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  • Dec 20, 2014
  • Updated: 8:35am
Malaysia Airlines flight 370
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Some disasters can defeat a firm's best efforts at crisis communications

The disappearance of Malaysia Airlines' jetliner has put to the test the firm's crisis communications experts, who can only hope to limit damage

PUBLISHED : Tuesday, 18 March, 2014, 11:10am
UPDATED : Wednesday, 19 March, 2014, 5:26am

It is hard to think of a tougher or less comfortable job than being responsible for public relations at Malaysia Airlines as the search continues for the missing flight MH370, carrying 239 passengers and crew.

While this is primarily an intensely human disaster, it is also a profoundly disturbing corporate nightmare.

To pre-empt understandable misgivings about discussing this aspect of the MH370 disappearance when the fate of those onboard remains unknown, it should be stressed that concern over human life is the absolute priority, but corporate reputation is also important and can have an enormous impact on many people's lives for years to come.

As with so many unpalatable things, we can thank so-called experts for coming up with a title that obscures the reality of tackling profoundly saddening events. The title in this case is "crisis communications".

Once the problem has been identified, a clear-cut attempt to provide solutions is vital

But no amount of preparation will be adequate for handling a crisis on the scale of the disappearance of MH370.

A wonderfully named "Reputation Review Report" published by the advisory firm Oxford Matrica in 2012 found that there is an 80 per cent likelihood of a company losing at least 20 per cent of its value in the aftermath of a disastrous event and that this can continue over a five-year period. More disastrous events will trigger much bigger falls.

A case in point is the 2010 Deepwater Horizon oil spill in the Gulf of Mexico, primarily affecting the British oil firm BP. The immediate impact was to slice BP's stock market valuation in half over a 50-day period. BP has clawed back much of this loss, but its share price is still about a third below pre-disaster levels.

It remains to be seen what will happen to the value of MAS shares, but there was an immediate loss of 18 per cent after the plane's disappearance.

Like BP, MAS has a good reputation to lose, but the airline is more vulnerable because there are few businesses quite so reliant on public confidence as an airline. No one in their right mind will choose to fly with a company perceived to be unsafe or uncaring about safety.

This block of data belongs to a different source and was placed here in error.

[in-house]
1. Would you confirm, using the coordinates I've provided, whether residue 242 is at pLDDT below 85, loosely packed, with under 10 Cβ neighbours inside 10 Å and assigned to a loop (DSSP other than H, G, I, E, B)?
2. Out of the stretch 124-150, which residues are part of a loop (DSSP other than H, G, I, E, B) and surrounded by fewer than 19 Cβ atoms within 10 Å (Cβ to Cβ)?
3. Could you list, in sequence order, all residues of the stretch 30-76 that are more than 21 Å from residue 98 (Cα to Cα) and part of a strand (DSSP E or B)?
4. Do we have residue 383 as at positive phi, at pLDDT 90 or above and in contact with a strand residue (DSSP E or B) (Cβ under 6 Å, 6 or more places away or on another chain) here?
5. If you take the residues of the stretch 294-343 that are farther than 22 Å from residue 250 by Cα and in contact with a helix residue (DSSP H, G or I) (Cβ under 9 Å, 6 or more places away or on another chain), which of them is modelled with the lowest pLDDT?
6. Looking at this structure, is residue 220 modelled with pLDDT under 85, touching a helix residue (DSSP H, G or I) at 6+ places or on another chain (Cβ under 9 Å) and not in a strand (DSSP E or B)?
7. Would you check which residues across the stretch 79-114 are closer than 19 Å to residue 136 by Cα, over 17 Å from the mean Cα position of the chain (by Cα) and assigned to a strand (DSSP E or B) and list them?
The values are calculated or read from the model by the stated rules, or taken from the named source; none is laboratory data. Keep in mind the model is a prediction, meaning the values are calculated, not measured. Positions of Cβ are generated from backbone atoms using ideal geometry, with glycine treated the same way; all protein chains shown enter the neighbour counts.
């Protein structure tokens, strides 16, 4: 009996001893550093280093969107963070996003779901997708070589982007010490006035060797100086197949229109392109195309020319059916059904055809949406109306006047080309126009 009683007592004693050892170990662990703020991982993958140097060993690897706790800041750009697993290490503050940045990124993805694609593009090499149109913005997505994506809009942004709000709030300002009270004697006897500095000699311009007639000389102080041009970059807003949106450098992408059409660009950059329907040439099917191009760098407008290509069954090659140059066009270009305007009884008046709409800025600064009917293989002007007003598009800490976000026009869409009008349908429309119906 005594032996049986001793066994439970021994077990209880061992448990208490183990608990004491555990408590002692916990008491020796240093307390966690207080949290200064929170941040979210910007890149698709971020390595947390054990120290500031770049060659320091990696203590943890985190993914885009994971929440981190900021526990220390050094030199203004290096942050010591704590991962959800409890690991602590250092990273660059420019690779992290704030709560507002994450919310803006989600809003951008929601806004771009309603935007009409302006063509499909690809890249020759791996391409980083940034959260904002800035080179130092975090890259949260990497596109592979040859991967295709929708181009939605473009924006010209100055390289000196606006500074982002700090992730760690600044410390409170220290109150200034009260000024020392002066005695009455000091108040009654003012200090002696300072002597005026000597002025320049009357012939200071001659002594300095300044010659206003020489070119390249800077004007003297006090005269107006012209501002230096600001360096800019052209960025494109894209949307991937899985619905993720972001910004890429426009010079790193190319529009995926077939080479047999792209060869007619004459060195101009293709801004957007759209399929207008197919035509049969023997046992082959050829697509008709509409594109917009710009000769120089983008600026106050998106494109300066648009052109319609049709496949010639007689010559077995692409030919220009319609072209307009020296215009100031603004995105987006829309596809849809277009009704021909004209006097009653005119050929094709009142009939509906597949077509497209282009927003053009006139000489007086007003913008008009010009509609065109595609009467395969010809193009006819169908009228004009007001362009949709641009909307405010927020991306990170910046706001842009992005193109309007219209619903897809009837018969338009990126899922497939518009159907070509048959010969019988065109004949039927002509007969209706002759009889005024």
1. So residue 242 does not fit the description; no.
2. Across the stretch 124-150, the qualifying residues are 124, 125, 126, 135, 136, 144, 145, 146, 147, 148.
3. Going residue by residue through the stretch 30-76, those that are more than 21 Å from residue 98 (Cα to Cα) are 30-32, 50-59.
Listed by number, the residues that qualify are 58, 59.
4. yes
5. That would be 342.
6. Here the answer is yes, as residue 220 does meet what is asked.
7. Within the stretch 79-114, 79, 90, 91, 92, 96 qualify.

The worst way to provide reassurance is to get some smart alec to produce figures showing how good the firm is on average; in other words, trying to prove that the incident on everyone's mind is some kind of aberration.

The reality is that playing the averages game only serves to call attention to the very incident that they are trying to avoid mentioning and suggests that the company is not focusing on the priorities to hand but looking for ways to ignore them.

Yet it is quite surprising how often companies think they are being clever by mustering up statistics designed to put themselves in a better light.

I know something about this from experience in my business, where food safety is a crucial and time-consuming subject.

Practically every company in this business has faced instances of real or alleged food poisoning. There is no surer way of annoying the victims than by telling them how unlucky they are, because no one else has had food poisoning, while claiming that the overall food safety record is good.

Compensation, monetary or otherwise, provides some amelioration, but fundamentally what matters is the manner of the response. Companies need to demonstrate seriousness and determination to get to the bottom of the problem.

They also need to be honest and provide timely factual information. In the internet age, only stupid people believe that burying disturbing facts is a possible solution.

Once the problem has been identified, a clear-cut attempt to provide solutions is vital.

There is still no concrete information about what happened to MH370, but whatever occurred will require MAS to clearly set out ways in which it will enhance airline safety.

This alone will not be sufficient to restore confidence, because this disaster is simply too big and too public to not have a severely detrimental impact. However, even airlines can recover from disasters, man-made or otherwise.

Air France, for example, is still in business even though it took two years to adequately explain what happened to Flight 447, which disappeared on a Rio de Janeiro-Paris run in 2009.

MAS has been widely criticised for its response to the crisis, but some of this criticism has been unjust, especially when officials are castigated for not providing information that they simply do not have.

However, faced with the desperation of the relatives of passengers, fear of the unknown and a complex set of circumstances, MAS has little chance of coming out of this with its reputation intact; it is no exaggeration to say this could fatally damage the company. At best, there will be damage limitation, and people may come to understand that the airline did its utmost in difficult circumstances.

However, the limits of a so-called crisis communications strategy will be there for all to see. The blunt truth is that some things are well beyond corporate control.

Steven Vines runs companies in the food sector and moonlights as a journalist and broadcaster

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